Editorial: Planning As We Wait For A Vaccine

WE do not yet have a COVID-19 vaccination – that much we all know.

But as researchers around the world work on creating a vaccine, we need a plan for how we’re going to buy a vaccine – and how we will distribute it.

Yesterday, Health Minister Renward Wells revealed a plan to pay an initial downpayment of $2m which will secure around 80,000 vaccinations.

Now, that 80,000 is not every Bahamian – and so the obvious question is who will get the vaccine first.

“At the outset what we will do is we will seek to vaccinate those who are most vulnerable,” said Mr Wells, “healthcare workers, along those lines.”

COVID-19 has changed the thinking for many of who is essential in our society. While executives on high salaries work from home and remain in isolation, it is often some of the lowest paid in society who have been on the front lines keeping society going.

Of course, there are the healthcare professionals, and anything that can be done to limit the risk of the people who care for those suffering this illness is of use to us all. The more healthcare workers fit and able to work on the front lines, the better.

But we should also remember the others who have kept things going. The shop workers. The gas station workers. Indeed, as we see children return to school we might find teachers on that list of essential workers.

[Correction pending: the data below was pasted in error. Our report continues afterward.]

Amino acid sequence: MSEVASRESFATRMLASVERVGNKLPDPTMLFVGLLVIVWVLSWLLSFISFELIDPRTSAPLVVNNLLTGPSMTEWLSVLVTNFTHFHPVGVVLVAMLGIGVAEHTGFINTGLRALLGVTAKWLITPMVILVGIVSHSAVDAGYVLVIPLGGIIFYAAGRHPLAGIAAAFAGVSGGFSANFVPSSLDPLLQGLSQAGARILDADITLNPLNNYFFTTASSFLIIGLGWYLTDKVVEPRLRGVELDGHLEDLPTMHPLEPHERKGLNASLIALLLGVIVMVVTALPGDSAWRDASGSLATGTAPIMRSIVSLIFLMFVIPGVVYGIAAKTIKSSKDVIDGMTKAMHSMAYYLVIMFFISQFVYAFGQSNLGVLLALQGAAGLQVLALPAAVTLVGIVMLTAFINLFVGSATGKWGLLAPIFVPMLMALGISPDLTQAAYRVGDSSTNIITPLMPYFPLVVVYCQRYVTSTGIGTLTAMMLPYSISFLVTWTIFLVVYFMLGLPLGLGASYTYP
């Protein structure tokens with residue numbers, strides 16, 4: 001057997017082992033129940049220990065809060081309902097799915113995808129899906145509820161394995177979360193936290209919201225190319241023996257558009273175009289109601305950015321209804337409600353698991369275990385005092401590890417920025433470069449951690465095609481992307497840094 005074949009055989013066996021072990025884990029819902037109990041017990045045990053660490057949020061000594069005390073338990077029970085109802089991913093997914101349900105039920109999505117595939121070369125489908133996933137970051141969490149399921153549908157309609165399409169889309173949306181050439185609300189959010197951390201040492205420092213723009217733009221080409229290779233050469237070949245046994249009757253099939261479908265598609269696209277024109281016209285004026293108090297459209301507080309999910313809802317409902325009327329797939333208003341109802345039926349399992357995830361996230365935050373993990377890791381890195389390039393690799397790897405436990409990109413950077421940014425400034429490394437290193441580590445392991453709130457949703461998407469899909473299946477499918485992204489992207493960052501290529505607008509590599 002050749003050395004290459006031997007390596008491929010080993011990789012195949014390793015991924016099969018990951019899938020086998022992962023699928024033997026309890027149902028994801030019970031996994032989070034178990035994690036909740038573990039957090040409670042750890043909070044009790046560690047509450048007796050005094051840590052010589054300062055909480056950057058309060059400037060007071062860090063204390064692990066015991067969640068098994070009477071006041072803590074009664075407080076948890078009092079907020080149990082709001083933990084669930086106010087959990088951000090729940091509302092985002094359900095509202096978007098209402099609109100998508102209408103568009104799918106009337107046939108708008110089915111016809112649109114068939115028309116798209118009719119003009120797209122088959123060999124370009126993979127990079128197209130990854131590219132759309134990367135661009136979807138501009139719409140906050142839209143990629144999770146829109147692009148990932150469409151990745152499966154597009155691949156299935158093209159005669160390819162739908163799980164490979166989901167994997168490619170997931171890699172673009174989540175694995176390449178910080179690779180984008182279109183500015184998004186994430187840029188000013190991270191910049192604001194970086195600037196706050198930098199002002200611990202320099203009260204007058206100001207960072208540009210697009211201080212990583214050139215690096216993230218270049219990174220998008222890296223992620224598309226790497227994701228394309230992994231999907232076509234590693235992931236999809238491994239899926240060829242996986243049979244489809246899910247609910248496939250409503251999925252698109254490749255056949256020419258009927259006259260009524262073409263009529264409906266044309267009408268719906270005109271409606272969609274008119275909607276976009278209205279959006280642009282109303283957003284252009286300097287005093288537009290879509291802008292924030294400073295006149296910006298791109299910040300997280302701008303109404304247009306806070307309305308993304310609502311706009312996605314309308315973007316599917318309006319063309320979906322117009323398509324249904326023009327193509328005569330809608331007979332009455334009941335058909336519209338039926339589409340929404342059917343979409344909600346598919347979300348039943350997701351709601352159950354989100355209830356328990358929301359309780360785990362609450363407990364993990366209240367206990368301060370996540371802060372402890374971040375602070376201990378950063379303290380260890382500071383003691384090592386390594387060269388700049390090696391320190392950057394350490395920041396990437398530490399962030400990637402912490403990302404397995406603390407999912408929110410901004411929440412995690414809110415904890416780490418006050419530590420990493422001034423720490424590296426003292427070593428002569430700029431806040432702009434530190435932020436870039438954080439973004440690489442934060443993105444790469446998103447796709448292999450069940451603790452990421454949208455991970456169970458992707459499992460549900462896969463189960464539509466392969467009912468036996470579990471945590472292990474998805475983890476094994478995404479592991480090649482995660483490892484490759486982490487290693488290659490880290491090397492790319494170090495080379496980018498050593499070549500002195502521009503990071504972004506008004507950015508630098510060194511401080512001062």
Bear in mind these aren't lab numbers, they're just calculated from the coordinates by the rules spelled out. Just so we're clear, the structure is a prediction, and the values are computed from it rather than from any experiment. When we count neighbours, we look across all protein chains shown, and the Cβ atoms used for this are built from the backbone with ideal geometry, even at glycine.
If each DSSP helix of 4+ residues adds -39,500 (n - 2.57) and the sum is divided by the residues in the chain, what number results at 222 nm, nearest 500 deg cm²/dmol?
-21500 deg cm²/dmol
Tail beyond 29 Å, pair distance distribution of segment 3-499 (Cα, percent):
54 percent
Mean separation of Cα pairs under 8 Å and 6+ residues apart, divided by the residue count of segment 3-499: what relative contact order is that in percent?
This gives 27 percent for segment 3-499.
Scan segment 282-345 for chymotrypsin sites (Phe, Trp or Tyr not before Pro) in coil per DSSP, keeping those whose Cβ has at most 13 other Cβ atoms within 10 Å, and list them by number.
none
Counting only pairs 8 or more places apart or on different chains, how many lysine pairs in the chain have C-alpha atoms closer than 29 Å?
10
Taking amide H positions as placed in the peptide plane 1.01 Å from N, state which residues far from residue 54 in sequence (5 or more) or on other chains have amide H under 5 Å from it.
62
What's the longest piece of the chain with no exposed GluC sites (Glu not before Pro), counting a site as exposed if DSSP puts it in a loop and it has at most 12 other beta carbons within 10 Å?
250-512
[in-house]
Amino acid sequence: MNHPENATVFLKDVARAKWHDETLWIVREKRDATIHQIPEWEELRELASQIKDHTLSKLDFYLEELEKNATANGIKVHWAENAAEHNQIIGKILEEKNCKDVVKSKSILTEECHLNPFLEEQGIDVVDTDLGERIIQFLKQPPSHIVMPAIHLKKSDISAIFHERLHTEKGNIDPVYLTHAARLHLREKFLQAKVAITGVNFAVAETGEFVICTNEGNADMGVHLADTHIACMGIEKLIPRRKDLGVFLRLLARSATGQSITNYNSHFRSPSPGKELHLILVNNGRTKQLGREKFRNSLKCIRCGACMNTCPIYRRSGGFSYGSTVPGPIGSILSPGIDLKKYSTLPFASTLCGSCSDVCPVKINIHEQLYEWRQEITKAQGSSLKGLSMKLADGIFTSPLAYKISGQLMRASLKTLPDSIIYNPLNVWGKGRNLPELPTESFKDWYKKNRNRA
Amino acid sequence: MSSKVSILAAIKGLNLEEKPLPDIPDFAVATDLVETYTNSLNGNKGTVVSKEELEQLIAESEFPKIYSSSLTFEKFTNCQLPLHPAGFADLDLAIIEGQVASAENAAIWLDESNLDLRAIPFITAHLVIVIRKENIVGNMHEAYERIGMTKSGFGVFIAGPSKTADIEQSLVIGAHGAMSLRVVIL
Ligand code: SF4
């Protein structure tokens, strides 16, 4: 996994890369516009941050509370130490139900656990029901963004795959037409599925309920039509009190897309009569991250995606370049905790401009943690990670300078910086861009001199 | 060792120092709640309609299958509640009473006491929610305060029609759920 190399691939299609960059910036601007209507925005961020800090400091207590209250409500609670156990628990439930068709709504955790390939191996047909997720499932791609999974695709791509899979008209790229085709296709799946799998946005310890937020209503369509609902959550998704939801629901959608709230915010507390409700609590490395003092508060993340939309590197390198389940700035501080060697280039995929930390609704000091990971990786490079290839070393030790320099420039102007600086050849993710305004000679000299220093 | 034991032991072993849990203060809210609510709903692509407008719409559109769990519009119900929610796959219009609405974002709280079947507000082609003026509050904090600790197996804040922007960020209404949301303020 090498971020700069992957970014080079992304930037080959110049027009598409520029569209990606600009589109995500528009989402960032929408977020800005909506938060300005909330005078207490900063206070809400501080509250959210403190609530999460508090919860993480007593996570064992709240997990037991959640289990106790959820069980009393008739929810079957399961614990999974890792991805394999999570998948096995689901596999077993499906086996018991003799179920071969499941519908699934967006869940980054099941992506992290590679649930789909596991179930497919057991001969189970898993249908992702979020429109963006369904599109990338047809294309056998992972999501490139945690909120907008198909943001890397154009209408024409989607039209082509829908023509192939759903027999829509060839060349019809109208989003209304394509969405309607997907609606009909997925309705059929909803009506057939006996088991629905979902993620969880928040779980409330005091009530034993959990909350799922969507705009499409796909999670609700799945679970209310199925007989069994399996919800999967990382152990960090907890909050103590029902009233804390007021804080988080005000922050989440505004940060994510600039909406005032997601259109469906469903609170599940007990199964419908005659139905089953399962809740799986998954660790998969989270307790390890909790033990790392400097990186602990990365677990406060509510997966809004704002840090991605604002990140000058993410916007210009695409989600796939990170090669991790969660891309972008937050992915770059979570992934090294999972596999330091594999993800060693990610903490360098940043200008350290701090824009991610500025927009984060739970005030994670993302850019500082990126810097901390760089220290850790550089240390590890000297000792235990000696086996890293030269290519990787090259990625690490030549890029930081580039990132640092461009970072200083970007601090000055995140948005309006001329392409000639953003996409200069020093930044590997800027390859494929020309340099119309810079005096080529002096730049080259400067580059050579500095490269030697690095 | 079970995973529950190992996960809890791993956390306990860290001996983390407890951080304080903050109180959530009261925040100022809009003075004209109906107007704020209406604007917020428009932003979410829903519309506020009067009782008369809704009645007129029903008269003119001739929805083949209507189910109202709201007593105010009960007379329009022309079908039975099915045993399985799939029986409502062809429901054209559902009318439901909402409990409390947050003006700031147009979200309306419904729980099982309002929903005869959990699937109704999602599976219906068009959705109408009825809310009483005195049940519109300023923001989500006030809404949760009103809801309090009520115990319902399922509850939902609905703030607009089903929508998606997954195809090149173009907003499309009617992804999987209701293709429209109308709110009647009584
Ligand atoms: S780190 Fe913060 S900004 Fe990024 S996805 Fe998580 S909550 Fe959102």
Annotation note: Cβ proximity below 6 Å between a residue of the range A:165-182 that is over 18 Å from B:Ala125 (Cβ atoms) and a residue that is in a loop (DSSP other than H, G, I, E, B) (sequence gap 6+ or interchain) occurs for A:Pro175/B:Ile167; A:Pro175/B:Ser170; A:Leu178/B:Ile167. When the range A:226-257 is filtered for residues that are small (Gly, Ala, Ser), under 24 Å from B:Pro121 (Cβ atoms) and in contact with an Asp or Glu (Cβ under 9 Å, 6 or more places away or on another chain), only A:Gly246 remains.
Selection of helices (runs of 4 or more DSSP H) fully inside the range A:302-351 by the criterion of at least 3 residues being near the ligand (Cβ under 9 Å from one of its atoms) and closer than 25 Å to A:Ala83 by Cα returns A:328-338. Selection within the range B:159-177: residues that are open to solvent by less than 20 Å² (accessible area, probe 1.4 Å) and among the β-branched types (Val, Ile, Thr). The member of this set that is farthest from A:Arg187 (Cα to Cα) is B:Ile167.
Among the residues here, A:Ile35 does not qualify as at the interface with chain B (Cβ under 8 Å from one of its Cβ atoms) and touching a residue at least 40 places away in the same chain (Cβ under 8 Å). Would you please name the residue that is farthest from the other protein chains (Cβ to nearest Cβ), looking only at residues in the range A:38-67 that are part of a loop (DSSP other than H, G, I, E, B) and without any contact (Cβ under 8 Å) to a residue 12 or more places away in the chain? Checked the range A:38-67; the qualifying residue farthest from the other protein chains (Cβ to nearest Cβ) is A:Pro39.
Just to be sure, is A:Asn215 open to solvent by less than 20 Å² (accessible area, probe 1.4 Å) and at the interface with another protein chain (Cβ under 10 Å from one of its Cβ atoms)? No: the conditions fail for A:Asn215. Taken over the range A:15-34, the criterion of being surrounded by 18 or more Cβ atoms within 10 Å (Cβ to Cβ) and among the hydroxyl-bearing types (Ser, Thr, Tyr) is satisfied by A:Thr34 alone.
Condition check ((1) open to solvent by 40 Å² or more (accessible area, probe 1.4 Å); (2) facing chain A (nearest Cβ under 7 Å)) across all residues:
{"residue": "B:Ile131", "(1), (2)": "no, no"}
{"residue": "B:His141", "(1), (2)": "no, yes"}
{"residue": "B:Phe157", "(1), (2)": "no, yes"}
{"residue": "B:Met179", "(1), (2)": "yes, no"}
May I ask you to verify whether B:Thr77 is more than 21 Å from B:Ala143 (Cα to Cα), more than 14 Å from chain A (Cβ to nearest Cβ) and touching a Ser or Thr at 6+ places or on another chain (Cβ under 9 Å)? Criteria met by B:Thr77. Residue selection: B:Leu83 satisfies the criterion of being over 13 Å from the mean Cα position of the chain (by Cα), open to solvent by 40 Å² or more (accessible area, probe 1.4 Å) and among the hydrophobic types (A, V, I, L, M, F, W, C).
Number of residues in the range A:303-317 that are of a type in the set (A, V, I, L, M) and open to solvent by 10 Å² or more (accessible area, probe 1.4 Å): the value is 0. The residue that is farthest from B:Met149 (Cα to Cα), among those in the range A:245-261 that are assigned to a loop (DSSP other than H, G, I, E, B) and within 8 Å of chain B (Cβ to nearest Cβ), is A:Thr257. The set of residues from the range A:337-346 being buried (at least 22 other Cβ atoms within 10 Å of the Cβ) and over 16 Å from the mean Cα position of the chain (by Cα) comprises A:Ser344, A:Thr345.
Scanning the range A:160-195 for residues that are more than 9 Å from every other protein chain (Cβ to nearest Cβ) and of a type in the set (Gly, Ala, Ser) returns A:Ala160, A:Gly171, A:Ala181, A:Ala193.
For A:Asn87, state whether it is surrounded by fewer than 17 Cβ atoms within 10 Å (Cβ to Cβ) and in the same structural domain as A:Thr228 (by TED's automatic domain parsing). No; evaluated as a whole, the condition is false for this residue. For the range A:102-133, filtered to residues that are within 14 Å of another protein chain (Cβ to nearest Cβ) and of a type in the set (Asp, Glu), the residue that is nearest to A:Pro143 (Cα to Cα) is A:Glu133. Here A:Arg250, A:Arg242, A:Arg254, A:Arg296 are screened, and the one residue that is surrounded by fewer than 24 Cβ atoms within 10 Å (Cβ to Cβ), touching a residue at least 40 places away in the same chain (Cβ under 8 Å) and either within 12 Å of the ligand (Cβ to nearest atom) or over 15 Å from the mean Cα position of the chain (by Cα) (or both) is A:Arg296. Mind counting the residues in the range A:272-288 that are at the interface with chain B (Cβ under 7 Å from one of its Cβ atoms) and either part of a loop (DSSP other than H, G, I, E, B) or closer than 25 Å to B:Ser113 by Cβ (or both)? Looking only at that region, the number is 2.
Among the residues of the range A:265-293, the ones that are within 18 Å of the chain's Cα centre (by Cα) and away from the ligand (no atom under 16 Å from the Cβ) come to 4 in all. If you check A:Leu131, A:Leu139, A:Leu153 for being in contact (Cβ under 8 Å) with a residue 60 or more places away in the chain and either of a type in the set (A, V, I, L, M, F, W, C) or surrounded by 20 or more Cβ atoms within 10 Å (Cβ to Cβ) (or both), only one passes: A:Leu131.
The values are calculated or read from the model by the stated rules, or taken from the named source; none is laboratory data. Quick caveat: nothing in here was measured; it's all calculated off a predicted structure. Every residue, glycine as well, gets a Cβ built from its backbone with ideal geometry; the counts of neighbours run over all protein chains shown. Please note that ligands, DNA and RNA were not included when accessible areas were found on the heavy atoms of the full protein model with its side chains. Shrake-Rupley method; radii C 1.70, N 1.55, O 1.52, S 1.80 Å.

Many might say well, what about me? But the goal of a vaccine is not just to protect the person who receives it, but those around them too.

Each person who is resistant to the virus is one less opportunity for the virus to spread. If one fifth of the nation is vaccinated, that reduces the risk by a huge amount. It is, however, only the start. Further vaccinations will also be needed – with the goal of reaching something called herd immunity. That is achieved at around 60 to 70 percent of the population having some degree of protection – either through the vaccine or through developing antibodies having caught the virus.

As it stands, we have just over 3,000 confirmed cases, less than one percent of our total population. So between the 80,000 vaccinations and cases, we would have to roughly treble the number of people protected in some fashion to protect the nation as a whole.

Every person protected takes us closer. Every person protected makes it harder for the virus to take hold and put others at risk. The point is that to protect anyone, we need to protect everyone.

We may not have the vaccine yet. But we have a plan – and a place to start.

Shanty towns again

A familiar story is playing out once more on Abaco.

A number of illegal structures have been built, and the government is preparing to evict the residents, possibly displacing hundreds of people.

One area being highlighted is the Farm Road area, where apparently around 200 dwellings have been built since July, swelling the number there to 400.